2) Occludin IgG, IgM, and IgA
Occludin plays a critical role in tight junction stability and function. The presence of occluding antibodies indicate the deterioration of tight junctions.
3) Zonulin IgG, IgM, and IgA
Zonulin is the physiological modulator of tight junctions and is involved in the trafficking of macromolecules in and out of the intestine. The detection of zonulin antibodies may suggest the dysregulation of tight junctions.
The increased translocation of endotoxins and inflammation induce the degradation of occludin and zonulin, which are responsible for preserving the biochemical homeostasis of the GI tract.
4) Actomyosin Network IgA
The actomyosin network, a complex of filamentous actin and type II myosin, can signal tight junction contractions and regulates intestinal barrier function. Elevated levels of actomyosin network antibodies indicate intestinal barrier dysregulation.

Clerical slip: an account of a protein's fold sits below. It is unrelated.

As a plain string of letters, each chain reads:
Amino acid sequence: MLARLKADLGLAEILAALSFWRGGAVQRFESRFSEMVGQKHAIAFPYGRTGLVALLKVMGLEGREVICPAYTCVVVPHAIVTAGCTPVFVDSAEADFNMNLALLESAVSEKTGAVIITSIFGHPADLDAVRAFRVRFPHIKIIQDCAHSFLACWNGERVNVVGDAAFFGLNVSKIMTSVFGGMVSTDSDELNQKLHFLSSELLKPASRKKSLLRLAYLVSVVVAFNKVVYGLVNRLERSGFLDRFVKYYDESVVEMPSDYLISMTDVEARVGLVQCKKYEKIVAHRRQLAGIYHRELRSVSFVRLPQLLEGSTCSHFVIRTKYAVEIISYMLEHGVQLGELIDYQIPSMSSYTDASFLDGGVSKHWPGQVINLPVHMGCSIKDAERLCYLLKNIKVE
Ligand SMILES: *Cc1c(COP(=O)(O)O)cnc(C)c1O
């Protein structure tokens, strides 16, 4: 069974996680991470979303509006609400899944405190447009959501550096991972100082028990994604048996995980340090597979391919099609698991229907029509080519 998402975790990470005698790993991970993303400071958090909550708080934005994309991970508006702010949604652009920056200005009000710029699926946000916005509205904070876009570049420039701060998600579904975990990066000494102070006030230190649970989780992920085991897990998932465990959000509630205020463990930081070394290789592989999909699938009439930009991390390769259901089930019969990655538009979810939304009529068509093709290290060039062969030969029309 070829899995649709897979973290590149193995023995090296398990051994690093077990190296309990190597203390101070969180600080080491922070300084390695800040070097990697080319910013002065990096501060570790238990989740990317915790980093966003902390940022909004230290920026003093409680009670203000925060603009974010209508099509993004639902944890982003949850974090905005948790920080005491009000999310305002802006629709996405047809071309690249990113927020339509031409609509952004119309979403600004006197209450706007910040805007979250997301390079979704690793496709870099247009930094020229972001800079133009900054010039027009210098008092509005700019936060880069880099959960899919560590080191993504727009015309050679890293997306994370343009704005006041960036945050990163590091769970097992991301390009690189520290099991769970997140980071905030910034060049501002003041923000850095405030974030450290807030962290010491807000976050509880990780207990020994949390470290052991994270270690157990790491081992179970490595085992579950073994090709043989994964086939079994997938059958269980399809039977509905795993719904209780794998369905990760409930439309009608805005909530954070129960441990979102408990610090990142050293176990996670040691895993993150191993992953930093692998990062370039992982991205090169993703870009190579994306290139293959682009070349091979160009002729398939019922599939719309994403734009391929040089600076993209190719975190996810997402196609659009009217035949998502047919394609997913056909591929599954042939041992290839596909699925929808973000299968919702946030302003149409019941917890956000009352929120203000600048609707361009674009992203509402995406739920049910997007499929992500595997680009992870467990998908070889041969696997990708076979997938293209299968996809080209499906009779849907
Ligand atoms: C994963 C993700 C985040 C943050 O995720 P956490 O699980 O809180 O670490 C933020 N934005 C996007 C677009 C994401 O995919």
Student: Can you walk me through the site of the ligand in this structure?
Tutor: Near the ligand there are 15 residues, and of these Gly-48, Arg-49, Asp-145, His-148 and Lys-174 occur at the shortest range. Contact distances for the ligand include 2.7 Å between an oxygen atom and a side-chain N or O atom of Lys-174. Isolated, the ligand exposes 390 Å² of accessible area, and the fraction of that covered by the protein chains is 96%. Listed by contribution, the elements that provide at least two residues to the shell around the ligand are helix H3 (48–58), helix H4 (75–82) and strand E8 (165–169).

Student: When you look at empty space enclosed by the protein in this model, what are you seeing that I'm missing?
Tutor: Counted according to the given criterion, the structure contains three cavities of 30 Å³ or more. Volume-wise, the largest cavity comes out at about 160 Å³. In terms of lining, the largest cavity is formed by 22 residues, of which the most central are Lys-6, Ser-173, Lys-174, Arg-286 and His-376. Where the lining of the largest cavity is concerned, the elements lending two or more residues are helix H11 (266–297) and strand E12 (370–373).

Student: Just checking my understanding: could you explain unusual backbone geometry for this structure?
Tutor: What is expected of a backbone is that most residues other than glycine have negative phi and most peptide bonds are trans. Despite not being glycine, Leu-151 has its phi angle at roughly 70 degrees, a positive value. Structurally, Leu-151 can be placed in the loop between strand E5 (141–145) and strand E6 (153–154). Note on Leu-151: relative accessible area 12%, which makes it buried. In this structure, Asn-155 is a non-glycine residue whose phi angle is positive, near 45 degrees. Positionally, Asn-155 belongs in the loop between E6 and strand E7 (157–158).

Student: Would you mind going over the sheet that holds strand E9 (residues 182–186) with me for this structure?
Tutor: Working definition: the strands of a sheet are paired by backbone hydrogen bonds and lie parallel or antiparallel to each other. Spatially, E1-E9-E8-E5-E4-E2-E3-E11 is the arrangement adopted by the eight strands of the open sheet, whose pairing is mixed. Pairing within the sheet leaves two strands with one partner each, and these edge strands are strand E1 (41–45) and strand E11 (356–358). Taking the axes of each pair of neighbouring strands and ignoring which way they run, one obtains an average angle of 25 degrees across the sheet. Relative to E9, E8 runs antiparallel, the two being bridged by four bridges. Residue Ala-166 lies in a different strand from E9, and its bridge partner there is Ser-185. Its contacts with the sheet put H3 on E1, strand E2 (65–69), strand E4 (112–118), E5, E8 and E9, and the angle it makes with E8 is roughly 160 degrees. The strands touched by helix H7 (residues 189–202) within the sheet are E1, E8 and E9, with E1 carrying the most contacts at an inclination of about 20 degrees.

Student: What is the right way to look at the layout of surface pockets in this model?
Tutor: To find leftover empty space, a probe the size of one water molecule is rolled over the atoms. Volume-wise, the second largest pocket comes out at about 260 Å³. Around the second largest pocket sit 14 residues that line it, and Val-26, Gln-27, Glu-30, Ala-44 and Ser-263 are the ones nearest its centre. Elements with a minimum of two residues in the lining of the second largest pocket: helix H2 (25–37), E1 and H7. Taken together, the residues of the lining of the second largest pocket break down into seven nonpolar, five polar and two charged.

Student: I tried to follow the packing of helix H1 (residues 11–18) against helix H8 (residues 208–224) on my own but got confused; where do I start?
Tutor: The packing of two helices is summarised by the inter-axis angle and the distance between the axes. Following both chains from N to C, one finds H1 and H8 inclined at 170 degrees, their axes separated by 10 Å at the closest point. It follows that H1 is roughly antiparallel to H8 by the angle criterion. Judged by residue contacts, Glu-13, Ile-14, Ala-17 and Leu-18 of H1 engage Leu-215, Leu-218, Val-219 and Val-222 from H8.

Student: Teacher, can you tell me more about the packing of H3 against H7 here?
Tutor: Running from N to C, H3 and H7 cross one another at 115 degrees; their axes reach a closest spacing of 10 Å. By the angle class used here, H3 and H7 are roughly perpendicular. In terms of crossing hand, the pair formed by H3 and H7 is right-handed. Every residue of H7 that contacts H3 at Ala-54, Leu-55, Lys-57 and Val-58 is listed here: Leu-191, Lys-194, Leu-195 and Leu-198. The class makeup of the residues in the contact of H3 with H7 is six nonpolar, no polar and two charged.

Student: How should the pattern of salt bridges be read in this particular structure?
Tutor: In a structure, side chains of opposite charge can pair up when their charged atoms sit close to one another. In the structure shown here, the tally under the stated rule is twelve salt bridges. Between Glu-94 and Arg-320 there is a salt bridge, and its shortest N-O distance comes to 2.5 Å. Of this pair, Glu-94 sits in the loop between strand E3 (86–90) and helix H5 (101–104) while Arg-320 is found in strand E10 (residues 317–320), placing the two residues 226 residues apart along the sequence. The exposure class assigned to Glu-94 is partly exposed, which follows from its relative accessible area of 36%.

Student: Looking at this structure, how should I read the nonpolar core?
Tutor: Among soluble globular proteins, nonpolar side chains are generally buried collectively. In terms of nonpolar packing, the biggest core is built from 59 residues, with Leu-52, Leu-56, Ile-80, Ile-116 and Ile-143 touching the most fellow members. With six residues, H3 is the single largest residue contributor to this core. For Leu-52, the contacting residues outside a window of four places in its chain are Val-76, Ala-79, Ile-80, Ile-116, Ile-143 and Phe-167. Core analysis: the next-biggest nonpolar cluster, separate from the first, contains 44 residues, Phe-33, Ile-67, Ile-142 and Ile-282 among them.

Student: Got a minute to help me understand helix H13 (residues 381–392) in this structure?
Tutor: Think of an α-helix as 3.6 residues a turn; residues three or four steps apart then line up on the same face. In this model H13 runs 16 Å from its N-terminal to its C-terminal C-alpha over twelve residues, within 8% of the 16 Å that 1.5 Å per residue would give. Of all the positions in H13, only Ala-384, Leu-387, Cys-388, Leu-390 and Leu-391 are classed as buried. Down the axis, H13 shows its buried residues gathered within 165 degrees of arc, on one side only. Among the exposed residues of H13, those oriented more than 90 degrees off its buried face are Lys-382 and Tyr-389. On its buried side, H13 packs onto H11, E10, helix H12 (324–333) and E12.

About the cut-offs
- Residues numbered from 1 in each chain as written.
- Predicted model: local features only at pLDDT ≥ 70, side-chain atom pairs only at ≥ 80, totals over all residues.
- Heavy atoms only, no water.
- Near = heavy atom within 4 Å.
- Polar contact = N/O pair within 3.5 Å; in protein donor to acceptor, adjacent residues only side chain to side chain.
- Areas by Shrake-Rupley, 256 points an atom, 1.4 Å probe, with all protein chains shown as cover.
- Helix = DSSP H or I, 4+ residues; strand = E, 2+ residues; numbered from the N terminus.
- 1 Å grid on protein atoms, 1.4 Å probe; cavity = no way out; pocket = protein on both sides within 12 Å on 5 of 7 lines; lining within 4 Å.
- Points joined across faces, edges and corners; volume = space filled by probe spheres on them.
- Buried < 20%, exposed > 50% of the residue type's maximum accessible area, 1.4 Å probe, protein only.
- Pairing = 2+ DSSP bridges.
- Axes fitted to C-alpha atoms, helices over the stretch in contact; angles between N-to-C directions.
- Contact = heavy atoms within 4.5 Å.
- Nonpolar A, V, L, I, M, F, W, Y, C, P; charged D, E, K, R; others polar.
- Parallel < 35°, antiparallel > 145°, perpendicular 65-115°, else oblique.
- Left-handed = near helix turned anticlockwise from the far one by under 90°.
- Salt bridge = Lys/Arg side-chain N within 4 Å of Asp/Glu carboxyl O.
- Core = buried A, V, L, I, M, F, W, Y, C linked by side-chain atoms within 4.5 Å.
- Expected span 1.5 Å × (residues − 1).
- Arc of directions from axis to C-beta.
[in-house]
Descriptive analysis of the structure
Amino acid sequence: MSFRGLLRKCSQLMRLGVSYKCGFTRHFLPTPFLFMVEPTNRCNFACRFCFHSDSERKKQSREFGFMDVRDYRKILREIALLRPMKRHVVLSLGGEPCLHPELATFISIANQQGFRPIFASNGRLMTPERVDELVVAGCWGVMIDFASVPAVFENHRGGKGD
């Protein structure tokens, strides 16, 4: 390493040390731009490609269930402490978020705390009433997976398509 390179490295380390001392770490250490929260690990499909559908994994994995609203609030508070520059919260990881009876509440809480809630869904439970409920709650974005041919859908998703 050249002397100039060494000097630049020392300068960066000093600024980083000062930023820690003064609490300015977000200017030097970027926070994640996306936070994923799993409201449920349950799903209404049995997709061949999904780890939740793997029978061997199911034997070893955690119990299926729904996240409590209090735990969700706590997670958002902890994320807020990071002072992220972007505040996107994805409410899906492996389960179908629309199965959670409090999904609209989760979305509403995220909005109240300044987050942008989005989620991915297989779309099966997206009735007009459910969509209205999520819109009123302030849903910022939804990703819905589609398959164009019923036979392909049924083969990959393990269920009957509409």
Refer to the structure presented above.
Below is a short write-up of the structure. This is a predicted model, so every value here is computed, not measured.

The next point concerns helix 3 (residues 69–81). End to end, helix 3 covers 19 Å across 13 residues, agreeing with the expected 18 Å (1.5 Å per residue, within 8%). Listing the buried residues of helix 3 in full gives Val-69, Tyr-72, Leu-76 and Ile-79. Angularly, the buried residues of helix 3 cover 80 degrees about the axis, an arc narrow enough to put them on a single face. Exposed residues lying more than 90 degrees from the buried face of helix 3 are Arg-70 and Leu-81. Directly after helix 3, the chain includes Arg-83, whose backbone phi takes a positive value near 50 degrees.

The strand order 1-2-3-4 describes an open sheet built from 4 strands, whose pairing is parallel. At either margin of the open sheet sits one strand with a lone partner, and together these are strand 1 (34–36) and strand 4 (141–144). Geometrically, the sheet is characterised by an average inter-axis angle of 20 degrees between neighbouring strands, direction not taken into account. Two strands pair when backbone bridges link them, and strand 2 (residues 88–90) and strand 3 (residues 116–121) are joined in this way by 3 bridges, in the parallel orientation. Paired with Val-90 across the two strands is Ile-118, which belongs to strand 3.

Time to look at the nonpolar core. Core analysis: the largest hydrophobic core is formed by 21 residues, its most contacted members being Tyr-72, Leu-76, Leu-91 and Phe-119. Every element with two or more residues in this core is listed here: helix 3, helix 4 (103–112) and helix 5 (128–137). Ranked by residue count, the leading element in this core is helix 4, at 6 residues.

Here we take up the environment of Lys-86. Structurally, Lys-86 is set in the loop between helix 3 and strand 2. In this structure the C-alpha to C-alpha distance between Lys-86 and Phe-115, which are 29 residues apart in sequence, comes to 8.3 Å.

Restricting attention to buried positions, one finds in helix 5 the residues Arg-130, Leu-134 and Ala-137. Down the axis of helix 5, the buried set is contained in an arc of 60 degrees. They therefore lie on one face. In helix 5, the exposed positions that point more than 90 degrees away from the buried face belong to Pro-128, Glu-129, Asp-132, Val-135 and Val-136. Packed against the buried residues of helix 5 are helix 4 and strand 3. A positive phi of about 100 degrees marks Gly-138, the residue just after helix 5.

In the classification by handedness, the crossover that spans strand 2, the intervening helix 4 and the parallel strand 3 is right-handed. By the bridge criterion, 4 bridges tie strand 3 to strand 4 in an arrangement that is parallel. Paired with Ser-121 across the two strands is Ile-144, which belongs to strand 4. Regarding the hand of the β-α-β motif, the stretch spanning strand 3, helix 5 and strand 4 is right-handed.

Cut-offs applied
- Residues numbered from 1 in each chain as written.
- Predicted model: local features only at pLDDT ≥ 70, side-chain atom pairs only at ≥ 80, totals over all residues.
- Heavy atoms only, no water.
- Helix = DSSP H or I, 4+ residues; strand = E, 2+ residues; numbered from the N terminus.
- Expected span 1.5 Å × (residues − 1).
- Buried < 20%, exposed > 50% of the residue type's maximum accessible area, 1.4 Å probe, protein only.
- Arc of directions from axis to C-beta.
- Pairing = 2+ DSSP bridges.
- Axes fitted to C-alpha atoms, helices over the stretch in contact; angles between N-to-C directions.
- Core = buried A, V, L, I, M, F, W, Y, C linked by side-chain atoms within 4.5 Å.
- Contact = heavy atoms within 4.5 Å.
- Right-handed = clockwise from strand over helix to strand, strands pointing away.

The Intestinal Antigenic Permeability Screen from Cyrex Laboratories can be used to measure these four biomarkers.
What is the 5R Program?
The 5R program is a comprehensive approach to restore or normalize critical GI functions by reducing inflammation and providing supportive nutrients to help heal the GI tract.
It involves targeted, individualized intervention and recognizes the significant inter-relationships between:
- Intestinal permeability
- GI flora
- Immune regulation and inflammation
- Enteric nervous system
When applied to various chronic problems, the 5R program may drastically improve symptoms or resolve the issues completely.